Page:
From Travel Pulse
After posting modest tourism growth in 2016, early signs show positive growth for 2017.
A new European Travel Commission (ETC) report shows that Europe welcomed 615 million international tourists during 2016 while the outlook for continued growth this year is “upbeat” despite safety concerns, Brexit and policy changes from the U.S. government.
The European Tourism – Trends & Prospects showed that one in two destinations showed double-digit growth during the first few months of 2017.
Iceland had the biggest bounce in terms of visitor numbers. The country received 54 percent more visitors this year over the same time last year. The report suggests this is due to an increase in the number of trans-Atlantic flights bringing visitors to the country. Iceland also has a unique ability to go viral, which could also be driving visitor demand.
Other regions have battled seasonality to successfully drive up tourism numbers during winter months, including Cyprus with arrivals up 26 percent, Portugal (25 percent) and Malta (23 percent). Additional nations to see growth during the early months of this year include Bulgaria, Finland, Estonia and Switzerland.
Turkey is still struggling to turn its tourism industry around after a downturn that began in 2015. Numbers were down 8 percent, according to the report.
Many of these nations are buoyed by both intra-Europe travel growth as well as a rebound in arrivals from Russian visitors. In Iceland, Russian visitors increased by 157 percent, while in Cyprus, visitor numbers from Russian tourists increased 122 percent. Turkey also saw a boost from Russia, with visitors increasing by 88 percent.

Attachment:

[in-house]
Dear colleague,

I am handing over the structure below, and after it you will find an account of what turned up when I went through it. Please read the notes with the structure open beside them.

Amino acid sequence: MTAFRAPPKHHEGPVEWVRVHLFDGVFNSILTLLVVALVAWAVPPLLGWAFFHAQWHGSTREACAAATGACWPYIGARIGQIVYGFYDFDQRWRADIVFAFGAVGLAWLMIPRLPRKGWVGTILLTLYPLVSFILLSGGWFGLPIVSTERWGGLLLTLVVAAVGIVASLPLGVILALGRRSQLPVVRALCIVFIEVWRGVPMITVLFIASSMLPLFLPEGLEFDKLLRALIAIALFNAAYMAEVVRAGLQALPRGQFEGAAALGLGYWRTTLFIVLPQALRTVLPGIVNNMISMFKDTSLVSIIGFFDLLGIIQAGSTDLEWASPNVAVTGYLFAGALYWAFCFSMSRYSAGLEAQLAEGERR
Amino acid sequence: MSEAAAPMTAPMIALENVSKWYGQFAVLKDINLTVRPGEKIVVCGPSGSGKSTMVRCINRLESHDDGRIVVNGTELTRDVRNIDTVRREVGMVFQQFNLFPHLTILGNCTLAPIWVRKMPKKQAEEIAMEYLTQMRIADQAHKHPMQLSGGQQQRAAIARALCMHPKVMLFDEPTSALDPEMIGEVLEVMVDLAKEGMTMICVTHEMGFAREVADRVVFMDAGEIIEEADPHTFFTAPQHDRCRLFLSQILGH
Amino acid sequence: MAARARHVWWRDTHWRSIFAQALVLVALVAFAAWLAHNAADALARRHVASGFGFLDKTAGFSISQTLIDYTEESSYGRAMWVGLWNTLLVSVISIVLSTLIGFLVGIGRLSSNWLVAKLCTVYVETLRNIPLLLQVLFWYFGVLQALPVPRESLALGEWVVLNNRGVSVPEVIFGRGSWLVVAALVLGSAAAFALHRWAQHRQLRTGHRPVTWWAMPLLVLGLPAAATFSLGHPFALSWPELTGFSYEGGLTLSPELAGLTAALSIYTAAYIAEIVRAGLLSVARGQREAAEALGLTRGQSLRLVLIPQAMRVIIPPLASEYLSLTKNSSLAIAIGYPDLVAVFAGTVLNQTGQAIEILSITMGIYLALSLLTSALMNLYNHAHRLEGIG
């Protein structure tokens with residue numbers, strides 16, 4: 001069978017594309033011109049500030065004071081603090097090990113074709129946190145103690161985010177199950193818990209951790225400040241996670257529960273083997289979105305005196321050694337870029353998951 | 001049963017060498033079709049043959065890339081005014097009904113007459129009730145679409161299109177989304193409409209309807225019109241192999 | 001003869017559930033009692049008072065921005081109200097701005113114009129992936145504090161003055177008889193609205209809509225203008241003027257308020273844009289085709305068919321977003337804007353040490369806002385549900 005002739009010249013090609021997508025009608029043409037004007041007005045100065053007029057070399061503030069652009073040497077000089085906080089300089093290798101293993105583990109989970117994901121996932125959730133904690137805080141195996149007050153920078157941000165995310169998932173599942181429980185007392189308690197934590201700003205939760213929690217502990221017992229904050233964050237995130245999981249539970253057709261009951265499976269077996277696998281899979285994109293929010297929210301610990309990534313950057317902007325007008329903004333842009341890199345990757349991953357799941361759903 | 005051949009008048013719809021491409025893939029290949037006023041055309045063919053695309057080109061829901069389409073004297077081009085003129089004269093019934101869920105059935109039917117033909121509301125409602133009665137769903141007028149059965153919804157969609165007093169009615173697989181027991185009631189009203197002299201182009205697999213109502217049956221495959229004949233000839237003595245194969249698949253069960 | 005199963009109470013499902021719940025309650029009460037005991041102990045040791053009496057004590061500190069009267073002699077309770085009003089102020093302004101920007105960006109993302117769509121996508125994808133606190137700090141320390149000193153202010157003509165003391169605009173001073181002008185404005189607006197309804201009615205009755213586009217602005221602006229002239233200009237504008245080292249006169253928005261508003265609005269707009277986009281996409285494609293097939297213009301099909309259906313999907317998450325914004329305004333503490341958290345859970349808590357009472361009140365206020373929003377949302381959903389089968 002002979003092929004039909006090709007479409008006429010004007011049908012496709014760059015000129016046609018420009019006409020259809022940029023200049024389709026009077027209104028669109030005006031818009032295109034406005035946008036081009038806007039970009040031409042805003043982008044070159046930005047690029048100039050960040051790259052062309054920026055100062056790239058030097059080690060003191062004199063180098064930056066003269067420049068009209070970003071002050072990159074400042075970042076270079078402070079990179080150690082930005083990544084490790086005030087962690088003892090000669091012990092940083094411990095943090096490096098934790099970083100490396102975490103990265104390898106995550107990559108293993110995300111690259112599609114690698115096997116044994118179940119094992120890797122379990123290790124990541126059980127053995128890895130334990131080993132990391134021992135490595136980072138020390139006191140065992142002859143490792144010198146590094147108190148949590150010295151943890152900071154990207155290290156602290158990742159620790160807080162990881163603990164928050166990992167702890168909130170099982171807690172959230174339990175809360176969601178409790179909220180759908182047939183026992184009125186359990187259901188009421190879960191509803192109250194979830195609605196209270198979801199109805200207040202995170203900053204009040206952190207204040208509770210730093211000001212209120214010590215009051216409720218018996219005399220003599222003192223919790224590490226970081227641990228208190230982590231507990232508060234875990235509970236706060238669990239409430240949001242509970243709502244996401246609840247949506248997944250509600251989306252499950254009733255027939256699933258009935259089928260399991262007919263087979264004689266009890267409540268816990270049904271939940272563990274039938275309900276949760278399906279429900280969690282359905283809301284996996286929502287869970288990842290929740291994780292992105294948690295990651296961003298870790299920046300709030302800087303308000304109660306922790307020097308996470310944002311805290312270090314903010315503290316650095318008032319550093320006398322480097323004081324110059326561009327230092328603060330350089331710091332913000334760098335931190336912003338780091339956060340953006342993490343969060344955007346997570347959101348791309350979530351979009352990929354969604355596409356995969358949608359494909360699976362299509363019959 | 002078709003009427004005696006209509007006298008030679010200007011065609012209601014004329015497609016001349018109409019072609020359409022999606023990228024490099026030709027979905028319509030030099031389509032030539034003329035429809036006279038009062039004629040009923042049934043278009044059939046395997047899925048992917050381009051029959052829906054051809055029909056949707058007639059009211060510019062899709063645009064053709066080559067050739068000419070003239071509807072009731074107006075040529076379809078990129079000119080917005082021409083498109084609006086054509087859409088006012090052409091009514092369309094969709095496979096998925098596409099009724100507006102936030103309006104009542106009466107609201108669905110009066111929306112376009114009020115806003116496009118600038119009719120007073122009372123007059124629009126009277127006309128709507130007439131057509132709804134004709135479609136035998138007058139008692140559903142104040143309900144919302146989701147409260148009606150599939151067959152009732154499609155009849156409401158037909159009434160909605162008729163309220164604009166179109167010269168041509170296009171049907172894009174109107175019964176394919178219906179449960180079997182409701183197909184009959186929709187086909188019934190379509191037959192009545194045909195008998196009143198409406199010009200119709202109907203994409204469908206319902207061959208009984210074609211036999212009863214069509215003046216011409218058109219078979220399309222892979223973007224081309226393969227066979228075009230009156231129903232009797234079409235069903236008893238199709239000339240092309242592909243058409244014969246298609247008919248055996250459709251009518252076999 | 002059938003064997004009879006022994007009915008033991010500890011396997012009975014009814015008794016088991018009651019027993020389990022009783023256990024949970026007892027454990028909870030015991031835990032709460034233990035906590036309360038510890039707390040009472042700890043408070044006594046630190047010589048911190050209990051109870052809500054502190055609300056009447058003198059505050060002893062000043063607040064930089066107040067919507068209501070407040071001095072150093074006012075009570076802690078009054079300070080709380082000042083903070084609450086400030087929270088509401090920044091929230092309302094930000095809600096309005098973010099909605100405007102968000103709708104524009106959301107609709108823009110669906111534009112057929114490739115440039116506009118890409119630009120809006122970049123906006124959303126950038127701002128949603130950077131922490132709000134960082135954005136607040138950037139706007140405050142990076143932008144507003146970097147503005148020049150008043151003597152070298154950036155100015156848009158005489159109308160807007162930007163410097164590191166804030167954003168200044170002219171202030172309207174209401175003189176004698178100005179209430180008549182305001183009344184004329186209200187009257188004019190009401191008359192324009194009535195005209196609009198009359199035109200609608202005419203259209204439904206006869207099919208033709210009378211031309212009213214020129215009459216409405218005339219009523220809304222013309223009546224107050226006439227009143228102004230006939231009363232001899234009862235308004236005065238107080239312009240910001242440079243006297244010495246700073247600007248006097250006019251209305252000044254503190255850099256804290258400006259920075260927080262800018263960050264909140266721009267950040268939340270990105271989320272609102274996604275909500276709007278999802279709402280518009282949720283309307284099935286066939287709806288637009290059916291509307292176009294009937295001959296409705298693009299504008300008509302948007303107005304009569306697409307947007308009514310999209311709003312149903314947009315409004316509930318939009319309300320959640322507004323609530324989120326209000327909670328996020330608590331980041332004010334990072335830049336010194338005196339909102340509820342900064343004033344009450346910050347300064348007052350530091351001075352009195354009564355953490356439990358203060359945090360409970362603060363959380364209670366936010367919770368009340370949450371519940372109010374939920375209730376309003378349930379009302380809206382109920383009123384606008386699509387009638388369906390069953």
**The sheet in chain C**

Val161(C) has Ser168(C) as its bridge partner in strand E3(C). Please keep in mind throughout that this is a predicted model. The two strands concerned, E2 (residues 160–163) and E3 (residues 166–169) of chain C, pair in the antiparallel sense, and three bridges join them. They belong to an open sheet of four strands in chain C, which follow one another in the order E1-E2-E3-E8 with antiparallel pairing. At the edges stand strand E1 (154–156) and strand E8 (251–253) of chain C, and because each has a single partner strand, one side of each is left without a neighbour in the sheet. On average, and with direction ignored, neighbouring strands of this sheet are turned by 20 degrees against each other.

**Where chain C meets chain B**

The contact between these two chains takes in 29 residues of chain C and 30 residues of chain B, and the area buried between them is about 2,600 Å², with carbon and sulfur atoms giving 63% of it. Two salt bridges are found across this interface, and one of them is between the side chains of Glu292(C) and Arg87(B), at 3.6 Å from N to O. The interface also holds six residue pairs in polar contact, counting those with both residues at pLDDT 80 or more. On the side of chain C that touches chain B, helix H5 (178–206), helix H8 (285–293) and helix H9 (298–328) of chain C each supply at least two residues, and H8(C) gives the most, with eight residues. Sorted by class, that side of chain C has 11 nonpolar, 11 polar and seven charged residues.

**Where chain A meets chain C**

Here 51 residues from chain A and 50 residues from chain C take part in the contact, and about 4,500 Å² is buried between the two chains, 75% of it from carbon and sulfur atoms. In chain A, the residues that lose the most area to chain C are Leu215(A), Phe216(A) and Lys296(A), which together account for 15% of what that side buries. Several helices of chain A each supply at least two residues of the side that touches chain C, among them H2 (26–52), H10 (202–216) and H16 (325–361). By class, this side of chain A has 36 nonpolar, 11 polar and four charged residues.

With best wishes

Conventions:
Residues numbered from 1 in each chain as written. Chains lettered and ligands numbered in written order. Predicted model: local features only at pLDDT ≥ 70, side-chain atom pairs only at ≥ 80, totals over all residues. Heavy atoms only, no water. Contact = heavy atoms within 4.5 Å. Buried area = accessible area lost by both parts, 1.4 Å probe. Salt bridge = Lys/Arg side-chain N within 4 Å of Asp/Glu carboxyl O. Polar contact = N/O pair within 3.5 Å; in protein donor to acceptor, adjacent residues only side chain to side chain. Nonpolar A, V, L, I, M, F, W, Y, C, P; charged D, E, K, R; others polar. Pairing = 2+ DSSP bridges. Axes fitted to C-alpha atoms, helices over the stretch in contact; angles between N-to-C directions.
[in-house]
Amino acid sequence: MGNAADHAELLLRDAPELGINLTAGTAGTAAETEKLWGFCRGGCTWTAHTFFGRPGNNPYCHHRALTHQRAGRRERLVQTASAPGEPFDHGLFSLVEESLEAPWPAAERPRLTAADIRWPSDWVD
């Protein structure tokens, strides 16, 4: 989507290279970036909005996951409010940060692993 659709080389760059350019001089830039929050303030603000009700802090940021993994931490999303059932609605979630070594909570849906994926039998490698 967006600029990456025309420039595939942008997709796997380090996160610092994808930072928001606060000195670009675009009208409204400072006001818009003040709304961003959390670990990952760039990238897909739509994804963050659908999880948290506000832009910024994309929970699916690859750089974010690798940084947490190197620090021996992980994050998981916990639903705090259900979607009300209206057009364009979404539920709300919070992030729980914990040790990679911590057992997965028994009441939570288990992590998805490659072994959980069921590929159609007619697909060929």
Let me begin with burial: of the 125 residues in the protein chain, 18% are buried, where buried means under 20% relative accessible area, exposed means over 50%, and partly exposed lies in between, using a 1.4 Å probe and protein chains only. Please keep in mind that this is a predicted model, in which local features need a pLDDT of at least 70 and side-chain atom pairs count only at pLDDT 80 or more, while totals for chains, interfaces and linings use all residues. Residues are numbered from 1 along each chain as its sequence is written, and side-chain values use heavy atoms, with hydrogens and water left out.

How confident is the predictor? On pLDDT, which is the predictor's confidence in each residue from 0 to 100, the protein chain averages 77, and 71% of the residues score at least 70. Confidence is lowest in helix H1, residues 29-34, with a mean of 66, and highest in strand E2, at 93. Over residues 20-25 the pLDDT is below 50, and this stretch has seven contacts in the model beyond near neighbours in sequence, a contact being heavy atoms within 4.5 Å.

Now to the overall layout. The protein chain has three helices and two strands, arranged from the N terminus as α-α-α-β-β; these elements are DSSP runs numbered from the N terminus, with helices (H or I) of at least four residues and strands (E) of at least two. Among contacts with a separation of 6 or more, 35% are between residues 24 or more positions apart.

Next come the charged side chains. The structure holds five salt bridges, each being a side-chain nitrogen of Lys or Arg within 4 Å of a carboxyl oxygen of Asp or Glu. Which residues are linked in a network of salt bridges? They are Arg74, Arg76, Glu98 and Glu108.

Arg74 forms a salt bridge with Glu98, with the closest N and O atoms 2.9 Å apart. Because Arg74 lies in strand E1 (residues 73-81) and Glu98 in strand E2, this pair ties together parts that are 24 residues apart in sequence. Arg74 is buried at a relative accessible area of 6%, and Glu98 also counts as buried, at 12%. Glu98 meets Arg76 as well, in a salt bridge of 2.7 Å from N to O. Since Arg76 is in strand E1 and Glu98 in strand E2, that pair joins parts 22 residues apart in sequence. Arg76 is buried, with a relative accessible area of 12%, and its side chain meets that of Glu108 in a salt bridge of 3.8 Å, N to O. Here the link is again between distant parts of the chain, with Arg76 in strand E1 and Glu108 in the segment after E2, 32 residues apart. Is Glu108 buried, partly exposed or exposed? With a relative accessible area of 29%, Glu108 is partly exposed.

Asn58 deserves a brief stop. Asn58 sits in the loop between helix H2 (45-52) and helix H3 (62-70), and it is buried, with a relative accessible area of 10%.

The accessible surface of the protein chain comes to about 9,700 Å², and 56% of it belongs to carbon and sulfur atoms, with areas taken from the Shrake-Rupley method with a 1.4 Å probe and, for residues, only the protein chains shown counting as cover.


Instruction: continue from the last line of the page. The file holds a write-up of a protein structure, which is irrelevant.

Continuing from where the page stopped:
A U.S. State Department warning doesn’t seem to be deterring many U.S. travelers from heading to Europe. Despite concerns over safety, U.S. visitation also increased in 2016, while a strong U.S. dollar and growing economy are seen as positive signs for European appeal.
The number of travelers from China, due to an earlier-than-usual Chinese New Year, also gave the EU an added boost.
The ETC remains optimistic and hopes that further cooperation within the EU will encourage more growth.
“At times of dwindling market share and increased competition, European leaders must cooperate to collectively formulate appropriate policies and actions aimed at fostering Europe’s image as a tourism destination,” said Eduardo Santander, Executive Director of ETC.
For Americans looking to travel to Europe, there’s additional good news. The European Union and the U.S. resolved their visas reciprocity issues (for now), so U.S. travelers will not need to start obtaining visas for European travel this summer.
Click here for reuse options!
Copyright 2017 Southern Arizona News-Examiner